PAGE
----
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We can’t track a scent for days like a bloodhound or see an object from 2 miles away like an eagle, but one thing is sure, we can tell when something smells wrong.

The usual scent outside your RV is now mixed in with something else, a foul, harsh disturbing odor. More specifically, your RV has a sewer smell outside, and you can’t tell exactly what the cause is. Or you might know, but you don’t know what to do about it!

Well, worry not because in this article, not only do we give you possible causes of the smell (for those that don’t know), but also solutions to rid your home on wheels of that foul smell.

You can also check some related articles here that would be helpful for you:

Why does my RV have a sewer smell outside?

RV sewer line hooked up at campground
RV sewer line hooked up at the campground

The most common causes for a sewer smell outside your RV are typically a problem with either the blackwater tank or the greywater tank, or the smell may also be caused by an overcharged battery.

Other sources could give off a similar smell, and we will be jumping right into the details of the stinky situation you’ve found yourself in.

3 Reasons Why The Smell Of A Sewer Is Outside Your RV

To keep things simple, we have chosen the three most plausible reasons as to why you are experiencing that smell, and they include:

  1. Blackwater tank.
  2. Greywater tank.
  3. Overcharged battery.

Problems with the Blackwater Tank

When we use the toilet in our RV, most especially when we do a “number 2”, all that waste goes to the black water tank. It holds all the waste that comes from the toilet until you can adequately empty it at a sewer dumping station.

To be clear, the waste coming from the bathroom should be biodegradable, be it solid or liquid. The toilet paper used should be septic or RV safe.

From the function of this tank alone, it’s already a primary suspect. Each of the holding tanks in your RV has a valve with which you use to either refill or empty the tank’s contents, depending on which tank it is. Except yours comes with an in-built RV black water tank flush system which includes an inlet valve that allows you to pump water into it. For your black water tank, you can do the following to check for the smell.

  1. Check the dumping valves. During emptying at a dumping site, it is possible that the valves were not properly tightened afterward. It can lead to leakages when the tank starts filling up again, producing a foul odor outside the RV.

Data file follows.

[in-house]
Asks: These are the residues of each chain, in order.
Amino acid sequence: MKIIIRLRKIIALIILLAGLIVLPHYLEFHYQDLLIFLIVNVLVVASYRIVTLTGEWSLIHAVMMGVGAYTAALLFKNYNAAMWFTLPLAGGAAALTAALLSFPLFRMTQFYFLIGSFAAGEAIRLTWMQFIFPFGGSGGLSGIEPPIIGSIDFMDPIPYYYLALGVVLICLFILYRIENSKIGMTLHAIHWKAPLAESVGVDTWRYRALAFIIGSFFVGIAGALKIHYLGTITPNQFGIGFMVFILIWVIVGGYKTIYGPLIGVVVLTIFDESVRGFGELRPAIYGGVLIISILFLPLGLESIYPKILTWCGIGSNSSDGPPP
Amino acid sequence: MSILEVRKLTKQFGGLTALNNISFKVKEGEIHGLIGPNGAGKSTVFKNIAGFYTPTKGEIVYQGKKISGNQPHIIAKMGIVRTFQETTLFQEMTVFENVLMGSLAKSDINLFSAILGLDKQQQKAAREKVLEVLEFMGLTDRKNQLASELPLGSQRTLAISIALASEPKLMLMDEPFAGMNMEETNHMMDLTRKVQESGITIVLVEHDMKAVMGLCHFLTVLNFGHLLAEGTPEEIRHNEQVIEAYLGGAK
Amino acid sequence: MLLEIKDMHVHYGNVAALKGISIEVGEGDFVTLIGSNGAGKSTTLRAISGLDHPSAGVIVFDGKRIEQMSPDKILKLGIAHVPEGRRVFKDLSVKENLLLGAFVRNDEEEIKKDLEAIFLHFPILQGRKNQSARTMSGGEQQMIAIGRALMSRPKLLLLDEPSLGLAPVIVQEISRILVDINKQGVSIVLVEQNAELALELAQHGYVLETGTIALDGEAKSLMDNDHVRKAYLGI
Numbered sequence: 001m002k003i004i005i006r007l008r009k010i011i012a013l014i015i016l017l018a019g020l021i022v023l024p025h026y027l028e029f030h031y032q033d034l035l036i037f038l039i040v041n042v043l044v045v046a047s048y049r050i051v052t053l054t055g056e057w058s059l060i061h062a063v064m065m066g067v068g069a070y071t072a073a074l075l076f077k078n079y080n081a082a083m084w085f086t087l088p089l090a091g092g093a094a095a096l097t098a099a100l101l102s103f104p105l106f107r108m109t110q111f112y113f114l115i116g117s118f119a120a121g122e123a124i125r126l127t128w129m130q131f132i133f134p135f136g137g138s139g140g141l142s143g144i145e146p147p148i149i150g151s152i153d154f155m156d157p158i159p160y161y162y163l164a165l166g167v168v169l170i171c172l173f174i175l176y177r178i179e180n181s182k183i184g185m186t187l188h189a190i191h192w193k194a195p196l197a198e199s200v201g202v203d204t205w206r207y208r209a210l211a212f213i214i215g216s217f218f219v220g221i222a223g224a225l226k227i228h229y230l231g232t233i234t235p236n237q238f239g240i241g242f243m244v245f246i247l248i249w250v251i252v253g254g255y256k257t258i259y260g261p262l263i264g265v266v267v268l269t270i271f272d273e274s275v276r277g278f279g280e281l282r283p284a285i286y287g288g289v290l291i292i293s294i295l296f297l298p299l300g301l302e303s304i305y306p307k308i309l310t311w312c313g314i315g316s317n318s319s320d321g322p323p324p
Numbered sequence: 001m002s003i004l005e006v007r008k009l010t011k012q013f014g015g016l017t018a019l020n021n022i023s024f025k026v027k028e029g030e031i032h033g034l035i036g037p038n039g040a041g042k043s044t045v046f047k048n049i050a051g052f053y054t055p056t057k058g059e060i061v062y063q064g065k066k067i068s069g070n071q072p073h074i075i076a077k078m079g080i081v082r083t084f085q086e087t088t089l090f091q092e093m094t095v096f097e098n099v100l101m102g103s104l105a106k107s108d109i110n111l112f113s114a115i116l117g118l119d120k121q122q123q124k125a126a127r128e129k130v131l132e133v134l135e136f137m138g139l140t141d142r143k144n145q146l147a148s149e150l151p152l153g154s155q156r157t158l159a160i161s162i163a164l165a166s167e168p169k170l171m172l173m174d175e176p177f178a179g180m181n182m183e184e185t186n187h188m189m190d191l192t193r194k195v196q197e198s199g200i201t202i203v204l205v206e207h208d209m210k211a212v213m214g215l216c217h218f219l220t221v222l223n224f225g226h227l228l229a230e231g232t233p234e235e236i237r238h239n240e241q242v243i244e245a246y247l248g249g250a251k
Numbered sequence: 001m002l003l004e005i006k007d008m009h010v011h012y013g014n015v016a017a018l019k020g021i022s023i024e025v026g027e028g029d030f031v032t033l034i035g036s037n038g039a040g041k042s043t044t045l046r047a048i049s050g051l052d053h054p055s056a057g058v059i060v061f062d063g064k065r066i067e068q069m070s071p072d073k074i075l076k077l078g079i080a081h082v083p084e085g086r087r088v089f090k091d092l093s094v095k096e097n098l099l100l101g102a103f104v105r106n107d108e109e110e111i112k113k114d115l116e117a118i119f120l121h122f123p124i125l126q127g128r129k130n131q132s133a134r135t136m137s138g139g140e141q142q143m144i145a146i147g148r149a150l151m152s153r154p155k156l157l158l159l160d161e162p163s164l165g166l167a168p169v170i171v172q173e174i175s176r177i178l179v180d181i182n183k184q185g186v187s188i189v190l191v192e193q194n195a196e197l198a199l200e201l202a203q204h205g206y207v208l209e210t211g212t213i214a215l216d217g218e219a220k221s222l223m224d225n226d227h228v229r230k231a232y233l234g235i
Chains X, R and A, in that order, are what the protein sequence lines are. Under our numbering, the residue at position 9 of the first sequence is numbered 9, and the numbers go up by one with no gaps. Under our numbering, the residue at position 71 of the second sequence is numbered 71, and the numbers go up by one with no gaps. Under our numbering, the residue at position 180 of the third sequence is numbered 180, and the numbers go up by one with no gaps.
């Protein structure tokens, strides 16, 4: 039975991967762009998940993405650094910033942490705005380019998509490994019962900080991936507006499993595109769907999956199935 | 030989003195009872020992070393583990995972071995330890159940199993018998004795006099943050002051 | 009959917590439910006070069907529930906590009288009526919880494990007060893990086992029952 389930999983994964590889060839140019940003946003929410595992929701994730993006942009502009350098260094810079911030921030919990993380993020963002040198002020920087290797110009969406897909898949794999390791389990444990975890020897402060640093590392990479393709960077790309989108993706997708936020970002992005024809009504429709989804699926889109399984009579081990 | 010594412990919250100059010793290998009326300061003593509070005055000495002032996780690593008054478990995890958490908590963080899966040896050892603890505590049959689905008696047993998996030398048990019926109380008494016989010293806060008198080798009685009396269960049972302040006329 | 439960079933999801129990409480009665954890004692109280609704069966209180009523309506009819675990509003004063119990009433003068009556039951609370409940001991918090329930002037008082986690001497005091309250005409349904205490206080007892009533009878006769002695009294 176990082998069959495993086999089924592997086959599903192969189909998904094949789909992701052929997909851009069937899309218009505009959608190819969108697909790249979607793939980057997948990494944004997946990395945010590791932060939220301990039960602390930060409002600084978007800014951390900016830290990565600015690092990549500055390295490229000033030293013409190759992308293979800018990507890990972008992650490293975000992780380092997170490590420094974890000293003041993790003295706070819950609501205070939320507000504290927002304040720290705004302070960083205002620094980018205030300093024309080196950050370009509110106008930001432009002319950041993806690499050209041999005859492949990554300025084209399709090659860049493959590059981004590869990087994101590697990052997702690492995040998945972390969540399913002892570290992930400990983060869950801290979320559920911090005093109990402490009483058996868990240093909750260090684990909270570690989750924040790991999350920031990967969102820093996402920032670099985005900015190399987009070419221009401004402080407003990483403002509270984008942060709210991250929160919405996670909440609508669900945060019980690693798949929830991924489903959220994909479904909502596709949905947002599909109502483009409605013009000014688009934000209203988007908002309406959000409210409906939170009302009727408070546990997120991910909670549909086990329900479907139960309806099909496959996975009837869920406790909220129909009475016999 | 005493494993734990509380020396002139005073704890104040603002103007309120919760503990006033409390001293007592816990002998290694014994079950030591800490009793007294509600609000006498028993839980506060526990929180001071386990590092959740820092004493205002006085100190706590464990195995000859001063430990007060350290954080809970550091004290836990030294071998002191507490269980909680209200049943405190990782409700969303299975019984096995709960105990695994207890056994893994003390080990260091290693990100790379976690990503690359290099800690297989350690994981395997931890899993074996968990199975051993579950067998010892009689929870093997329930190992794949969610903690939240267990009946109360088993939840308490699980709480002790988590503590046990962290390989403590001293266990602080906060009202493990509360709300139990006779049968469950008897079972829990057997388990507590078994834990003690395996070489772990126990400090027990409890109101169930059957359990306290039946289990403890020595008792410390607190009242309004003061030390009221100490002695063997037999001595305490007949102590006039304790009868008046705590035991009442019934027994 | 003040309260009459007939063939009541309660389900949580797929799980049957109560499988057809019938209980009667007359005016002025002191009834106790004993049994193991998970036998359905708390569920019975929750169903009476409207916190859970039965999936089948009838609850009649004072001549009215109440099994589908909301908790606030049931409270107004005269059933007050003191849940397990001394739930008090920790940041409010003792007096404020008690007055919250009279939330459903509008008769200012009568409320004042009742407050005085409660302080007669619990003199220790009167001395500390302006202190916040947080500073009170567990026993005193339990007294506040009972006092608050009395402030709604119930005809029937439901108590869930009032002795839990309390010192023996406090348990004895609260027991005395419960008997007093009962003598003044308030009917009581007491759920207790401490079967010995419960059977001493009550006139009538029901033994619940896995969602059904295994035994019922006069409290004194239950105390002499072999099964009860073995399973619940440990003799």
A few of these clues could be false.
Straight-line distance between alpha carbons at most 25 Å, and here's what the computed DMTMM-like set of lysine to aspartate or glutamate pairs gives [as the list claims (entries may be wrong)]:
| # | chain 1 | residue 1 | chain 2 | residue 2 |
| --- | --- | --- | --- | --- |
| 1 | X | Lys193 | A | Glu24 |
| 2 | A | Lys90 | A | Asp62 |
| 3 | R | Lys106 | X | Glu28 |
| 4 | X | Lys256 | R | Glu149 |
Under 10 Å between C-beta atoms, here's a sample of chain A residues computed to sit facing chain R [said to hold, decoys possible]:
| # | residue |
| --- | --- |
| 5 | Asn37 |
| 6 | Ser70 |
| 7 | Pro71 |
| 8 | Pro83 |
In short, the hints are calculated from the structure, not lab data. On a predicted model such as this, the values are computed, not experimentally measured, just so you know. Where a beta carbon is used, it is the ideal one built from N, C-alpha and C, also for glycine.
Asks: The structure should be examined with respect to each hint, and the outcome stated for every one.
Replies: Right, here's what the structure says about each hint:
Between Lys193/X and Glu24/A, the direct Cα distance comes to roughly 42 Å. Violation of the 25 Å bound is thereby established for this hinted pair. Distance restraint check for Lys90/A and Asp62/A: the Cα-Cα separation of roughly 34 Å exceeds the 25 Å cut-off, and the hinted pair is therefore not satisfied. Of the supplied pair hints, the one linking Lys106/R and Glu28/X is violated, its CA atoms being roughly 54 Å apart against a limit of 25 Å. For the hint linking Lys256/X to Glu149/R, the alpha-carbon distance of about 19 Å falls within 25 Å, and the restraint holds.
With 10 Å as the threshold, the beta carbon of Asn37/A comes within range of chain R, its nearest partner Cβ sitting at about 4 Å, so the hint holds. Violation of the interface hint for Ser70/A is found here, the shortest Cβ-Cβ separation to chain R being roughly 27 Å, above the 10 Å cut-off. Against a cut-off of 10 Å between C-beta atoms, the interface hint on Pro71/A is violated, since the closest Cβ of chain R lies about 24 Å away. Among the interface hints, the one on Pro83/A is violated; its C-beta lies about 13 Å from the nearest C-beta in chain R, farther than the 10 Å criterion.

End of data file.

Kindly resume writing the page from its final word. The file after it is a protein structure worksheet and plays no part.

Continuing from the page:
2. A bad dumping valve. It either no longer tightens properly or loosens with time; this also leads to leakages.
  3. A Crack in the tank. There should be waste content or just water in the tank to check for a tank crack. Carefully inspect the tank looking out for wet spots because the crack may not be immediately noticeable depending on how big it is.

Greywater Tank

Like the blackwater tank, the Greywater tank is one of the holding tanks in your RV containing whatever comes from the bathroom sinks, kitchen sinks, and water from the shower. Food particles coming from your kitchen sink are biodegradable and can emit very foul odors when degrading.

Sometimes, sewer-like smell. This tank also has a valve for emptying its contents at the dumping station, and the check is similar to that of the black water tank.

  1. Check the valves to see if someone didn’t appropriately tighten them after emptying.
  2. Check to see if the valve of the tank is bad and is causing leakage outside.
  3. Check for cracks in the tank.

Overcharged Battery

RVs use a type of battery known as lead-acid batteries. This battery constitutes a liquid known as an electrolyte which is sulfuric acid or hydrogen sulfide. This electrolyte helps the battery’s function by taking up a reactant and transporting the medium’s roles through the battery.

(1) Overcharging a lead-acid battery causes this electrolyte to give off hydrogen and oxygen gases. It is a result of the “boiling” that you may have observed. (2) These gases produce a pungent odor very similar to that of a sewer. Some may say it smells like rotten eggs to them. To check for an overcharged battery, do the following:

  1. Check for overheating. Use a glove to do this in case of electrolytes that may have leaked and prevent getting burned.
  2. A soundcheck. It usually has a simmering, bubbling, or boiling sound.
  3. A smell check. It should be the most obvious as the sewer smell will be strongest at that point.
  4. A swollen battery is also an indicator.

How Do You Fix A Sewer Smell In An RV?

Now, what’s the use of knowing the problem if you can’t have a solution, right? We know this and therefore have provided viable solutions for each of the issues.

Holding Tanks

This fix applies to both your black and grey water tanks. Loose dump valve: For a loose valve, simply tighten it and ensure that the valve not going all the way in isn’t a result of a fault.

Faulty dump valve: After ensuring the valve of which tank is defective, you can take the following procedure for those that want to “DIY” it, but before that, you will need these essential tools.

Protective gearGloves, eyewear, and a respirator or dust mask for those with sensitive noses or a weak stomach.
LubricantPetroleum Jelly, WD-40.
Cutting tool.Hacksaw. This is for rusted nuts or screws that are difficult to loosen.
Loosening and tightening toolFlathead or Phillips head screwdriver, wrench. Depending on what type of screw or nuts is in place.
Container.Bucket, empty storage container, a can, etc.
  • You should measure the RV sewer pipe diameter to determine its size to make the appropriate purchase which could be either 1.5 inches or 3 inches.
  • Wear a pair of gloves! To avoid waste from the tanks getting on your hands and avoid having a deep desire to burn your hands off.
  • The valve you get should come with the T-handle and extension rod. Be sure it does to be on the safe side. The valves are of different types, so work within your budget.
  • Place a bucket or empty container (preferably one that won’t be used by you or others again) beneath the junction where the pipe and valve join. Another bucket should be kept where the extension rod is. You will remove this piece, and wastewater could drip out.